Public support remains strong for nurses, a survey has found, despite a succession of national media stories about poor care and scandals like Mid Staffordshire Foundation Trust.
The general public is also aware of the pressures that nursing staff are under, suggests a survey of 2,000 people carried out for ITV’s new breakfast show Good Morning Britain.
Members of the public who think nurses “should be paid more money than bankers for what they do”
Half said they did not think there were enough nurses on the ward when they last visited a hospital.
Only 25% there were enough, while a further 25% said they were unsure. A further 46% said that, when visiting friends or family in hospital, they did not feel nurses were able to patients enough attention.
Of particular concern was that 54% of survey respondents said they had carried out some nursing duties on a friend or relative in hospital – such as feeding, plumping pillows and helping them out of bed – because the nurses were not able to do so.
“What’s preventing them from doing a really great job is not having enough nurses”
Regarding care outside normal working hours, 53% said they worried about being admitted to hospital due to lack of nurses on weekend and bank holidays.
Despite their observations of ward pressures, 44% of respondents said that, if they had children, they would encourage them to go into nursing as a career. This compared to just 27% of nurses, when Nursing Times asked them the same question in last week’s survey.
In addition, nearly three-quarters of respondents, 72%, though that nurses “should be paid more money than bankers for what they do”.
The results of the survey, which was carried out for ITV by OnePoll, were broadcast last Wednesday as part of a special edition on nursing shortages.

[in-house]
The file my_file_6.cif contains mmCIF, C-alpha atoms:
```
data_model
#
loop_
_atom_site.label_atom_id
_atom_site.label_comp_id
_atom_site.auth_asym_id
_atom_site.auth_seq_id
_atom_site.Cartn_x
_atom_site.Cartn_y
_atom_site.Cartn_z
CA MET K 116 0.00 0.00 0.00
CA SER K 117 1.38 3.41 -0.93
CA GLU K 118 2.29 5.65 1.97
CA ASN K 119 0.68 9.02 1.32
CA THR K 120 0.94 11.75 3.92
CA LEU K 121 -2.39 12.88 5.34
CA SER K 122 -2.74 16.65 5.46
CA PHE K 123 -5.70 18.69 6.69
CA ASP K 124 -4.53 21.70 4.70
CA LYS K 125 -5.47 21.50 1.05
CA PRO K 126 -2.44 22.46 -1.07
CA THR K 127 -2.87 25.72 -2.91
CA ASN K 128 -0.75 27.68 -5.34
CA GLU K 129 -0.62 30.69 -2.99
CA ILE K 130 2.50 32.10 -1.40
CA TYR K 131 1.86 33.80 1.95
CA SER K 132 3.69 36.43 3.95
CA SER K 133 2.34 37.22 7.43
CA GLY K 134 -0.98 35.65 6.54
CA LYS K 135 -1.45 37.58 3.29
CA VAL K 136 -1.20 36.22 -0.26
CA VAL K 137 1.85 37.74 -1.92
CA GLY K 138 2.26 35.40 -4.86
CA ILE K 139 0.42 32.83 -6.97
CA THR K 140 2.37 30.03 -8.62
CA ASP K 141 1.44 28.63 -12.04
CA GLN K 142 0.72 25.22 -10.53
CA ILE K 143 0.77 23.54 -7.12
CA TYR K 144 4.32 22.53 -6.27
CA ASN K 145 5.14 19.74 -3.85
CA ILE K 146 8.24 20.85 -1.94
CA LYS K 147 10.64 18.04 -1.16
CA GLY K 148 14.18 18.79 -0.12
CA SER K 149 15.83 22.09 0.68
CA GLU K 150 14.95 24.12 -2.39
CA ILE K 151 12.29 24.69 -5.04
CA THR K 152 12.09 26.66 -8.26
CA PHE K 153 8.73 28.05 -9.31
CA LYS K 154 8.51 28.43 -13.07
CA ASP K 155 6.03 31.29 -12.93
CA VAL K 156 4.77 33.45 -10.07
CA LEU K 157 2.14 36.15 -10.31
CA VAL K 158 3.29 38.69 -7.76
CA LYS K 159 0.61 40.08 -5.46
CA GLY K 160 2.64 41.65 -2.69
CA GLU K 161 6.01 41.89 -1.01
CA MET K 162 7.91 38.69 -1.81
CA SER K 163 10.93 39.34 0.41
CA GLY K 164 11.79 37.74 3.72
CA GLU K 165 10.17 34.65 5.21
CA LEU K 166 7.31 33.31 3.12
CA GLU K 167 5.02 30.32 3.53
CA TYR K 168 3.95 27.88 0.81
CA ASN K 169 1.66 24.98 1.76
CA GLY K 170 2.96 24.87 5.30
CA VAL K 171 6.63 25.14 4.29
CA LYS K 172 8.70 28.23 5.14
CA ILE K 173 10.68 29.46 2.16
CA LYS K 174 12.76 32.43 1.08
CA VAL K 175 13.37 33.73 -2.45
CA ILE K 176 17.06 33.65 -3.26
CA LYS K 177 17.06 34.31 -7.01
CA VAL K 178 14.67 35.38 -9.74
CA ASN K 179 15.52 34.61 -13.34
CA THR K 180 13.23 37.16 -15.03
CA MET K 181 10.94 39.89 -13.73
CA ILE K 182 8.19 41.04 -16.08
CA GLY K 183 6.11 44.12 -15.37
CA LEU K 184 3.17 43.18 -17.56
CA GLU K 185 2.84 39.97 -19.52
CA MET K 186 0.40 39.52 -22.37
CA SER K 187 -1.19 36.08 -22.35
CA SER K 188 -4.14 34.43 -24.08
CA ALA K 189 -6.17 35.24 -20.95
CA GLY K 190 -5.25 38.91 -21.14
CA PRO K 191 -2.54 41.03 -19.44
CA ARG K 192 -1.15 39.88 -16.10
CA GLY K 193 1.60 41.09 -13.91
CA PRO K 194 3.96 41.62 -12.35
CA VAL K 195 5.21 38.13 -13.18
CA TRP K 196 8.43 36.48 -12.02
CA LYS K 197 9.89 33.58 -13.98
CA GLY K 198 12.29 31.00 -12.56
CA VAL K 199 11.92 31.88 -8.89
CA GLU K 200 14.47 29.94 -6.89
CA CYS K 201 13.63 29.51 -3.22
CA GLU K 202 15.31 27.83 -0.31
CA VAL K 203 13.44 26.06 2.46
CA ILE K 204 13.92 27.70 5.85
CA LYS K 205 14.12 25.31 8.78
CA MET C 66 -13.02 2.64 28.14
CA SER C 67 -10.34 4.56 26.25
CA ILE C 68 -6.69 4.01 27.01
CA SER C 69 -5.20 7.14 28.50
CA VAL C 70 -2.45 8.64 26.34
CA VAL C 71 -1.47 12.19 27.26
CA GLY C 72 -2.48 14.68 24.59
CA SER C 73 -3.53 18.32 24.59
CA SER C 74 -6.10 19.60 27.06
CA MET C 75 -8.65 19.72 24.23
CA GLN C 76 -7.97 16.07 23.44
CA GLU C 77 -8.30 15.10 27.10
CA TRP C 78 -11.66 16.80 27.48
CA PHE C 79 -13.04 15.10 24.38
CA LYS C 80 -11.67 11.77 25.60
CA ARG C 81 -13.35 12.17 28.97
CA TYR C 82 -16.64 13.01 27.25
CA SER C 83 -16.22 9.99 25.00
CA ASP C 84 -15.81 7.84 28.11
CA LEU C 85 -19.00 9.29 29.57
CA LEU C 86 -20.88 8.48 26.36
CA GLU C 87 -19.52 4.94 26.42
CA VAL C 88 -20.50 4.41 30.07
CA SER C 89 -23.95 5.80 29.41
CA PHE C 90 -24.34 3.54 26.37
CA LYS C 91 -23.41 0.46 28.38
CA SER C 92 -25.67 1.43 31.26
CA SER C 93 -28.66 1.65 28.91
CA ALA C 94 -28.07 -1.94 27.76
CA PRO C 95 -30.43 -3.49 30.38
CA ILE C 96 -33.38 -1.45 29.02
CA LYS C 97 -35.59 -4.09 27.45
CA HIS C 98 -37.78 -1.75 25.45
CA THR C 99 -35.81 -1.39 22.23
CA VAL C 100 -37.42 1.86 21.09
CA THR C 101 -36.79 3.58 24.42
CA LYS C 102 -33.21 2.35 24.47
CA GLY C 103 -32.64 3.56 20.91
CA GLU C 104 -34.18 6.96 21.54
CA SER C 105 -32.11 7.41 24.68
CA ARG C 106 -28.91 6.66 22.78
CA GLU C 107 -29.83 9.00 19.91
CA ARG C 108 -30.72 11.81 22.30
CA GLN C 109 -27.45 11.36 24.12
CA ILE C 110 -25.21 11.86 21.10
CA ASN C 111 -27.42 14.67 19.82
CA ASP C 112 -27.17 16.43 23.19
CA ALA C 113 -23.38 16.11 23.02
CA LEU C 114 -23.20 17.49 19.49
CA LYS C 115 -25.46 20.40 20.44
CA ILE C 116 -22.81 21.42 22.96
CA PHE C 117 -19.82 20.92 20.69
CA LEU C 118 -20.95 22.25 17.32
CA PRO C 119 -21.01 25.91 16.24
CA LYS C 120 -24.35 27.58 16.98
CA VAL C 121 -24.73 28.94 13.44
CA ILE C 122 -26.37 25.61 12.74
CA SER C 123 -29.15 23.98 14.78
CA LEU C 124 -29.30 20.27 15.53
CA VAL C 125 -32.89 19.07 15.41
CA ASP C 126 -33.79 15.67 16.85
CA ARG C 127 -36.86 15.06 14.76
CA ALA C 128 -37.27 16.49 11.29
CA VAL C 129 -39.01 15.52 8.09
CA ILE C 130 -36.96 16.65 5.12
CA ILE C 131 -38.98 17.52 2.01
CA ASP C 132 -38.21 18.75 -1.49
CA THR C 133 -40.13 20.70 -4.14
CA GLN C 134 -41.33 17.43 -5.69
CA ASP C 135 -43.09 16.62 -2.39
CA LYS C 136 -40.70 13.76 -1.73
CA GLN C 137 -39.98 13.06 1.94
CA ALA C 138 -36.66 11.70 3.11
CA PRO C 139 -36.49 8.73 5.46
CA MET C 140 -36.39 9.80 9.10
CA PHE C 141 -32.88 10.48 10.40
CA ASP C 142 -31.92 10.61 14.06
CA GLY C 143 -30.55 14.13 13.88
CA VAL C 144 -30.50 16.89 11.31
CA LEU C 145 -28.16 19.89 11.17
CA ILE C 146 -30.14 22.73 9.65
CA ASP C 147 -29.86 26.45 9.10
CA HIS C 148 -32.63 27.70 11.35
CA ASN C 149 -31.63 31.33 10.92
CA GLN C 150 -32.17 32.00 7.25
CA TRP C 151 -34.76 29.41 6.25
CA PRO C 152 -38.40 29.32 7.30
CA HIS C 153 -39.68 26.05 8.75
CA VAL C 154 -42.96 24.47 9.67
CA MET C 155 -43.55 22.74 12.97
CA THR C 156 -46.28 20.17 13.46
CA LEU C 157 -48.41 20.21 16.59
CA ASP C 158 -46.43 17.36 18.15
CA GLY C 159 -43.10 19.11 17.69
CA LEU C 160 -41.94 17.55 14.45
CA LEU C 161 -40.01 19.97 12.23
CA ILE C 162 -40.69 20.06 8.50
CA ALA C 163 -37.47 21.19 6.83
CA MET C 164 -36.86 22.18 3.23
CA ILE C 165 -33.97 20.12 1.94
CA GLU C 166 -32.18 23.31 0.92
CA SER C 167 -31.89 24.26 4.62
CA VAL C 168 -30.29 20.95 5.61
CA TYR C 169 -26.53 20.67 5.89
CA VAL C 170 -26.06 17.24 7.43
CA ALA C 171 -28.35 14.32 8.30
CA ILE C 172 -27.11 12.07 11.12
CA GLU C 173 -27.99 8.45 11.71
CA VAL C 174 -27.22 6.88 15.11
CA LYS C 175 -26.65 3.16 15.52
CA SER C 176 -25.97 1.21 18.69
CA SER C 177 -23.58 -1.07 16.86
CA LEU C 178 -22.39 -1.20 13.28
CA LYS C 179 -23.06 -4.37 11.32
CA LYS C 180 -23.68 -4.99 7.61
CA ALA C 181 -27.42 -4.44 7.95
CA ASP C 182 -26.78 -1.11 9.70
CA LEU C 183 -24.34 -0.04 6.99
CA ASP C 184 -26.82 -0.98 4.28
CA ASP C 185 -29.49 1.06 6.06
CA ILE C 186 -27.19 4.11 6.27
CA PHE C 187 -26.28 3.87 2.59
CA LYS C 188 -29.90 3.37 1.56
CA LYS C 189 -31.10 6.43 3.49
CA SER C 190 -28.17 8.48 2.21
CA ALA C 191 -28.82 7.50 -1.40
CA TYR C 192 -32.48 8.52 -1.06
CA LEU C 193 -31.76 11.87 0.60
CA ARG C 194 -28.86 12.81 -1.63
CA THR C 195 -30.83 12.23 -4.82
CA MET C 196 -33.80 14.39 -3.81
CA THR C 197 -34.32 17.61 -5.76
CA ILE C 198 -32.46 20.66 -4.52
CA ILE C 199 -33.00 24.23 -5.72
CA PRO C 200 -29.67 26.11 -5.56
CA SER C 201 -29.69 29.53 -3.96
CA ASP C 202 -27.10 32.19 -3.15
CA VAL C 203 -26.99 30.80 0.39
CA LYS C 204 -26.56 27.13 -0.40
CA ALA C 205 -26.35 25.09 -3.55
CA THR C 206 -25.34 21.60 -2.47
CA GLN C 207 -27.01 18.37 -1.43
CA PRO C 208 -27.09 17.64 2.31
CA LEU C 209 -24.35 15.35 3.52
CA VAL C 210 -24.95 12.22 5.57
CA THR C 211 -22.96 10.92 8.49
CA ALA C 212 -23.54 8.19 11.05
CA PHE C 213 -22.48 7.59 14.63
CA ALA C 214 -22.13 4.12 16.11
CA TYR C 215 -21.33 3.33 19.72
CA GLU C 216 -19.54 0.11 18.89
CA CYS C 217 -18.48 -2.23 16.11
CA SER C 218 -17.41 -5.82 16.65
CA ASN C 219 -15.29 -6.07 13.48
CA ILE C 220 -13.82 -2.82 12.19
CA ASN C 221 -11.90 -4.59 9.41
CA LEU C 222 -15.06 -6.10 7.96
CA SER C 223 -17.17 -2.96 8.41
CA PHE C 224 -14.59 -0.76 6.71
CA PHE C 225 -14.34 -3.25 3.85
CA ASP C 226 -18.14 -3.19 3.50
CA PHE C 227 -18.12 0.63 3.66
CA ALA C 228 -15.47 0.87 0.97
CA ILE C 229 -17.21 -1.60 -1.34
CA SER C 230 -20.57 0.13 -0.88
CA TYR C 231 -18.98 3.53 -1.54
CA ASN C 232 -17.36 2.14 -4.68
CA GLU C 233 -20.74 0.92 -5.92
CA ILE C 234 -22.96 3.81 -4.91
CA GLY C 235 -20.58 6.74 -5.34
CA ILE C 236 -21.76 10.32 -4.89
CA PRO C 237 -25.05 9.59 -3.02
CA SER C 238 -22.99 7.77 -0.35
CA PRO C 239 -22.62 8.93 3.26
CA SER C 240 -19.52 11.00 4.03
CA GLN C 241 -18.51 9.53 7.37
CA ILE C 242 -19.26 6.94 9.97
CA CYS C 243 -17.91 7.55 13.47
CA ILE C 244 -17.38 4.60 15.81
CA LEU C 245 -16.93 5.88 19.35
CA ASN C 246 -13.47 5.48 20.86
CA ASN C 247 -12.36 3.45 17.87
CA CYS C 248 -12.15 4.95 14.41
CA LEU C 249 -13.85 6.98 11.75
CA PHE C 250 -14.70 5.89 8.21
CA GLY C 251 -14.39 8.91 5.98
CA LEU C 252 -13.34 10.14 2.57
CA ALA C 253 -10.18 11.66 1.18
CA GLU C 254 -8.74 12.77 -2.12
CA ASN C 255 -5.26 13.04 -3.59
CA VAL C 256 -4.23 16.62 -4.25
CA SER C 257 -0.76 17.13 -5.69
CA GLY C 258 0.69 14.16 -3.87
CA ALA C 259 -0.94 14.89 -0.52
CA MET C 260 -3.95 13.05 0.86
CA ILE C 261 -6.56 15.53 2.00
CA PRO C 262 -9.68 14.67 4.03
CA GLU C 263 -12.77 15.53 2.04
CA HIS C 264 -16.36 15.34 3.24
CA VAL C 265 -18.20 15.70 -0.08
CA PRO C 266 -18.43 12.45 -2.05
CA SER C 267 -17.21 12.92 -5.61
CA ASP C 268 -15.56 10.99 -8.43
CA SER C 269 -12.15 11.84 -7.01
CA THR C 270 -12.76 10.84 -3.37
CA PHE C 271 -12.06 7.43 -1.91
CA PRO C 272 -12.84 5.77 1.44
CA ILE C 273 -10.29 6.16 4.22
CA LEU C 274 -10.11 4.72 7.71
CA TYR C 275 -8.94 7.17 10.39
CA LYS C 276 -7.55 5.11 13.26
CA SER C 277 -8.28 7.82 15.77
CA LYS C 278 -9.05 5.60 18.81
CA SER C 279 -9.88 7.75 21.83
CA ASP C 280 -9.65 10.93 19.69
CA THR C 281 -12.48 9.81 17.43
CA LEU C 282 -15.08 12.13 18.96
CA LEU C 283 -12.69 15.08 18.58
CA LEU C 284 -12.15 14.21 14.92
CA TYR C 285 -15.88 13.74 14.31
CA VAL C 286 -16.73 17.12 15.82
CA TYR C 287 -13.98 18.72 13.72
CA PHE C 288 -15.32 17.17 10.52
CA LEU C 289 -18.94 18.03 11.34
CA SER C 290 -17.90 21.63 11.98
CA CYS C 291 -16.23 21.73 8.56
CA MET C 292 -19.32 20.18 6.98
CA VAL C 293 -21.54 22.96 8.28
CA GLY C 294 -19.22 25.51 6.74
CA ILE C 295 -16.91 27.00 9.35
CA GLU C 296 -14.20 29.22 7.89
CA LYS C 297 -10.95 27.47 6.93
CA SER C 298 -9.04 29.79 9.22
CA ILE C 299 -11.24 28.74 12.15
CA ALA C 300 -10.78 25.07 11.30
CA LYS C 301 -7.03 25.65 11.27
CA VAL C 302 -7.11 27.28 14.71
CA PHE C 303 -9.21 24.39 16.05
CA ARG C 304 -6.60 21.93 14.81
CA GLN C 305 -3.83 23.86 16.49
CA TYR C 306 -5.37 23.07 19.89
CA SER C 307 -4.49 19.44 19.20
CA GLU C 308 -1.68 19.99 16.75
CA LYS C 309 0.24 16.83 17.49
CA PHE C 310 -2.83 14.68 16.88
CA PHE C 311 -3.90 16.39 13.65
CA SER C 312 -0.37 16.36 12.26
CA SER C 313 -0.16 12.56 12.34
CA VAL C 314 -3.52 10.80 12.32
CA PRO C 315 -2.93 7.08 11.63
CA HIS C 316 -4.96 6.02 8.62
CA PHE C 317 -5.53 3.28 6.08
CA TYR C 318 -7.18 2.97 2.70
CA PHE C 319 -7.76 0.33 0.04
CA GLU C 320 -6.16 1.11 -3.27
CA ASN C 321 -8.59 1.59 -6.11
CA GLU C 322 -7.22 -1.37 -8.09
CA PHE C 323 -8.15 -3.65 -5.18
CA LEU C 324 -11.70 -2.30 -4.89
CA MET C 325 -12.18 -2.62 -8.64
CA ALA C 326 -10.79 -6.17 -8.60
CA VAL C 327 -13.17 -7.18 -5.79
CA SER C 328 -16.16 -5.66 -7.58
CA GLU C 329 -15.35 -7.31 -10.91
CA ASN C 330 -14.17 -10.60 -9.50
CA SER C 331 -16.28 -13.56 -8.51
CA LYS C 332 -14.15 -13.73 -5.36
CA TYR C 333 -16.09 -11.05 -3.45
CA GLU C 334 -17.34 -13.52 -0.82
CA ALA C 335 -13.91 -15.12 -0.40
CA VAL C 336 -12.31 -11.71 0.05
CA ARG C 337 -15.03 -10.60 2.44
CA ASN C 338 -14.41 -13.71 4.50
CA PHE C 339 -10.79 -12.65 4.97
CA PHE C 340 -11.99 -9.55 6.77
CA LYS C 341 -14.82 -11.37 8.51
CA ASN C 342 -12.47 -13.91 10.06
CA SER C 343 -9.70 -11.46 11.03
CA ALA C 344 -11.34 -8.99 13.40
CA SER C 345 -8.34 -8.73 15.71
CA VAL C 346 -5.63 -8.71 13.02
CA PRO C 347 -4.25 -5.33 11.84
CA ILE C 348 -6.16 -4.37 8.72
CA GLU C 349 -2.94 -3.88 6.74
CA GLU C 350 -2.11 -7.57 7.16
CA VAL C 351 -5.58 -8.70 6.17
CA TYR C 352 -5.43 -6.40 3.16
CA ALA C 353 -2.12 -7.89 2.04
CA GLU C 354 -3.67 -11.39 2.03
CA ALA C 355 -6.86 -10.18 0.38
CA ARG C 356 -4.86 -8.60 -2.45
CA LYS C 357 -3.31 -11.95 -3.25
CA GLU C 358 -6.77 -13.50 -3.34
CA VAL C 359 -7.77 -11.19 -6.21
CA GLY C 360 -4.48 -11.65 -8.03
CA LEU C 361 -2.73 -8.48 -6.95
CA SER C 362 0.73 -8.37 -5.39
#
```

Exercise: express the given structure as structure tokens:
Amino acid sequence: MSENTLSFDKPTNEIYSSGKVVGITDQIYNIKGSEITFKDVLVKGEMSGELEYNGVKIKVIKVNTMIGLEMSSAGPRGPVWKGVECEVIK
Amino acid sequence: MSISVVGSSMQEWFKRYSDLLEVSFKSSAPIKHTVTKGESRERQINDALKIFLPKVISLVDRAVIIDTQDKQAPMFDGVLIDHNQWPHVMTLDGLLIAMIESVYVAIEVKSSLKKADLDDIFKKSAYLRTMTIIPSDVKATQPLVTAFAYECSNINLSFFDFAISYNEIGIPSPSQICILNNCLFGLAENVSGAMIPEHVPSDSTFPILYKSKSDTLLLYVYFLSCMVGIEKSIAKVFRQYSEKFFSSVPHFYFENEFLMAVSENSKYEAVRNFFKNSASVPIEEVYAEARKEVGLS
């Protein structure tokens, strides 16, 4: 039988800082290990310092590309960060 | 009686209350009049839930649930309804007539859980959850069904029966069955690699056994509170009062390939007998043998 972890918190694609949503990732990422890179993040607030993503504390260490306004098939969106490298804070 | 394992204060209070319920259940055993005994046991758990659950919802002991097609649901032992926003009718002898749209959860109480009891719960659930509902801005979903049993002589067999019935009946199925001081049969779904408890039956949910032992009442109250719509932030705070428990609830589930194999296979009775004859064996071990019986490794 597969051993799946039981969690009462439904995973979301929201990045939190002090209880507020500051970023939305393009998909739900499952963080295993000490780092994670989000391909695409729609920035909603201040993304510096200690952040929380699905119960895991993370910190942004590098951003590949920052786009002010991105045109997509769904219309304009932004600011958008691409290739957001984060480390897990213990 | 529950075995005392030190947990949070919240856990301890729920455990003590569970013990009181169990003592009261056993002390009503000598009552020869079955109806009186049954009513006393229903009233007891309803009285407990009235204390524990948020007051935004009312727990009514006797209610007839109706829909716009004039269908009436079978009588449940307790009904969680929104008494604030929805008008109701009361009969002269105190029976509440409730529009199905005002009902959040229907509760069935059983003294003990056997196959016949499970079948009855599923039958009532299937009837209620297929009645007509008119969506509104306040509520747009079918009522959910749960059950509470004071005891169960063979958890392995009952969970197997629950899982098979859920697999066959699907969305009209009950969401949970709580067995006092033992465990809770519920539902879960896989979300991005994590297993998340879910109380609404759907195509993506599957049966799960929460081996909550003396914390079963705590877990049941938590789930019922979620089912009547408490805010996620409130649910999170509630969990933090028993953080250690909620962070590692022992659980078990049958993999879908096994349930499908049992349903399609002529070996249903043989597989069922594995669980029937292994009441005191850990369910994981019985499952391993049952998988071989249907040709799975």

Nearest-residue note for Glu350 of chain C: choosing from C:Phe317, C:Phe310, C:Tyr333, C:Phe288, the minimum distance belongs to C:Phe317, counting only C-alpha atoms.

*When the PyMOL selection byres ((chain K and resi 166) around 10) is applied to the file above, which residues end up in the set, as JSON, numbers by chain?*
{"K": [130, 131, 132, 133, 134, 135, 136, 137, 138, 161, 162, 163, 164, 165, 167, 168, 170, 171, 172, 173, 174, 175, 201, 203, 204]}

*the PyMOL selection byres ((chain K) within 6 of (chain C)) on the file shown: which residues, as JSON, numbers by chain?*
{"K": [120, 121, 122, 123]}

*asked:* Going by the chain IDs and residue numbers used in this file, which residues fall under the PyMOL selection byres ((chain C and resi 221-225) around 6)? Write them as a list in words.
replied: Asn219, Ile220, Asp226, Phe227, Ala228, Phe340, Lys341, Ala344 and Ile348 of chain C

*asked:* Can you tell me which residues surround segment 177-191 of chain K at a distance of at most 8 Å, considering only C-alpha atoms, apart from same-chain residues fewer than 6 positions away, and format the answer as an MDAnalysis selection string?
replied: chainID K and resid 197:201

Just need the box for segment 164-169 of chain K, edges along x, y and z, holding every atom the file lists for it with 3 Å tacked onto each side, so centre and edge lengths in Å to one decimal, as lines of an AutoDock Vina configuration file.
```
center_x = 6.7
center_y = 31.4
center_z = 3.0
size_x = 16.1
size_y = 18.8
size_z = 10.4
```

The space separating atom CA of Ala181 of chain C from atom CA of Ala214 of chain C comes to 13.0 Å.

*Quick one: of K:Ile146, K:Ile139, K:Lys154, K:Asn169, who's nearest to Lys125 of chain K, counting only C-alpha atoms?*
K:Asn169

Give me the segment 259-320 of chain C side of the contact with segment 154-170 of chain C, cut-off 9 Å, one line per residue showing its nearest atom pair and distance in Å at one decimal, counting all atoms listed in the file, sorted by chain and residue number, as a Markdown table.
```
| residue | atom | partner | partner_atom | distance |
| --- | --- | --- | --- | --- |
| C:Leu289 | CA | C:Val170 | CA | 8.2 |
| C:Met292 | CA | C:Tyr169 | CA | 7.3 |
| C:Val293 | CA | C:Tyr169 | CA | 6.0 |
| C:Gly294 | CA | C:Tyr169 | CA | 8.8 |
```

The programme included an interview with Nadine Weeks, from Norfolk, who described how she had helped provide care to her mother while she was in hospital due to staffing shortages.
“Basic things like her teeth weren’t being cleaned…When we raised our concerns, we were told that if we wanted to we could look after her we could come in at 7am and go home at 10pm, and do it ourselves,” she said.
The programme also featured results from a Nursing Times survey of 1,800 nurses, as reported in last week’s issue.
Nursing Times editor Jenni Middleton told the programme that “the vast majority of nurses do a fantastic job”. “They go into this profession to do a really great job, but what’s preventing them from doing that is not having enough nurses,” she said.
“They don’t not care, they don’t not have compassion, they just don’t have enough time and enough of them,” she said.
The programme also included an interview with an anonymous nurse, who warned that working in the NHS felt like being on a “conveyor belt”, which affected the ability of nursing staff to do their job properly (see below for transcript of full interview).
ITV interview with anonymous nurse
“When I first started my training, there was time to spend with the patients on the ward. Today it feels more like a conveyor belt in the NHS because of the relentlessness of the work affects your ability to prioritise.”
Question – Have you ever put a patient’s life at risk due to time constraints?
“Yes, there have been many occasions where that has happened. A good example would be monitoring the vital signs of a head injury patient. You end up doing a couple of their observations, when you should be doing all of them.
“There isn’t enough staff on the wards to deliver safe, compassionate care to the patients correctly.”
Question – What’s the worst nurse to patient ratio you’ve come across?
“I’ve been on duty when there’s been one nurse to 14 patients – elderly patients, who were totally dependent on you for their care needs.”
Question – How does that make you feel as a nurse trying to do a proper job?
“I can’t do a proper job – that’s not nursing.”
Question – You’ve devoted your entire life to nursing, would you do it again?